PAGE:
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PrepTest 73, Logical Reasoning 1, Question 4


Question four, when a question asks for a principle that something conforms to, we call that a principle application question. And on these questions, your job is to make sure you understand the principle and then apply it to the answer choices in order to find a match. Basically, one of the answer choices will match whatever the rule you're given says. A lot of these questions involve formal logic and this one is no different.

The principle is given to us right at the beginning after the word principle. If you're the executive of a company and your compensation package is determined by the advice of an external consultant, and if that consultant also has business interests with the company that you manage, then you're likely to be overcompensated. If we were gonna write that rule into formal logic shorthand, it would look something like this.

If your salary comes from someone who has business interests with the company and is an external consultant, then we know you're going to be overcompensated. Any time you write a formal logic rule, make sure you write the contra-positive, which you write by reversing, negating, and then changing the any ands to ors, and any ors to ands. So if we did that here the contra-positive would be, if you're not overcompensated, then your salary isn't determined by someone who has business interest with the company, or it's not determined by an external consultant.

The correct answer is going to match this rule. So we just go to the answers looking for something that does. Answer choice A has a president of Troskco Corporation who is definitely overpaid. If this is gonna match, we need to find out that his salary is determined by an external consultant with business interests. But that's not what it says, it says that he receives in salary and benefits 40 times more than the average employee of Troskco.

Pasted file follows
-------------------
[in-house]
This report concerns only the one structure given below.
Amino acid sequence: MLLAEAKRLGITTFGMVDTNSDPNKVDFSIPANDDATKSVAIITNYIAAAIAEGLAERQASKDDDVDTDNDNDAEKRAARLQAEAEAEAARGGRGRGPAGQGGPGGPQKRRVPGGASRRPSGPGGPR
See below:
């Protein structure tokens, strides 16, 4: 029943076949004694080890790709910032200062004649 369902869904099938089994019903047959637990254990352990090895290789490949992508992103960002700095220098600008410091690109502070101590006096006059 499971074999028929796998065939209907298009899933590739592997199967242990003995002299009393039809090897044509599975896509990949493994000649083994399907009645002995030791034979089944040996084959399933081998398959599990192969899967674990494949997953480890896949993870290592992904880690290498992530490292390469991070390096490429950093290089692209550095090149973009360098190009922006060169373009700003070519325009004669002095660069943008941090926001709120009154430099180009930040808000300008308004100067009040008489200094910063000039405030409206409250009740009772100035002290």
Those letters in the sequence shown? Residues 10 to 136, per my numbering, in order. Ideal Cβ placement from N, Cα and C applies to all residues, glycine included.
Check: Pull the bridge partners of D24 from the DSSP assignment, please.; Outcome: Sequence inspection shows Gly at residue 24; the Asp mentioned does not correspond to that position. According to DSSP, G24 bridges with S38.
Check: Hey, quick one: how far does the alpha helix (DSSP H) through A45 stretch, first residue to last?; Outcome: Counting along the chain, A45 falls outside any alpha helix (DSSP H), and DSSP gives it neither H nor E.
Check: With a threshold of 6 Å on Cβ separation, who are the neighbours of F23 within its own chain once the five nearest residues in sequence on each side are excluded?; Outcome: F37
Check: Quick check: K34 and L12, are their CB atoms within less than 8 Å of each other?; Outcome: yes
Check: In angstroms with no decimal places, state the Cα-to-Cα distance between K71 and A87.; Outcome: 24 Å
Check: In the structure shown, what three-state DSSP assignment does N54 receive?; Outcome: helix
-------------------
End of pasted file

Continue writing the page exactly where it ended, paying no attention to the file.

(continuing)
In other words, he gets a lot of money. That's not the standard, so it's not our answer. Answer choice B, the president again, he's probably overpaid, but it's not the same standard. Instead of it being the external consultant with business interests, it's someone whose compensation package was determined five years ago when the company's profits were at an all-time high.

That doesn't match our principle. Answer choice C, the president, probably not overpaid, and we can get rid of this immediately, because our rule can only help us determine that people are overcompensated. It can't help us get them off the hook for overcompensation. So C is not the answer.

D, our president is probably overpaid, that's good. The two conditions, they have to determine his compensation by using an external consultant, and they did. And that external consultant has to have business interests, and he does. This is our match, all the pieces match to the rule, so D is our answer. What's wrong with E?

E tells us he's not overpaid, and as we said before, this rule won't help us learn who isn't overpaid, it'll only help us learn who is. So answer choice D was our answer.

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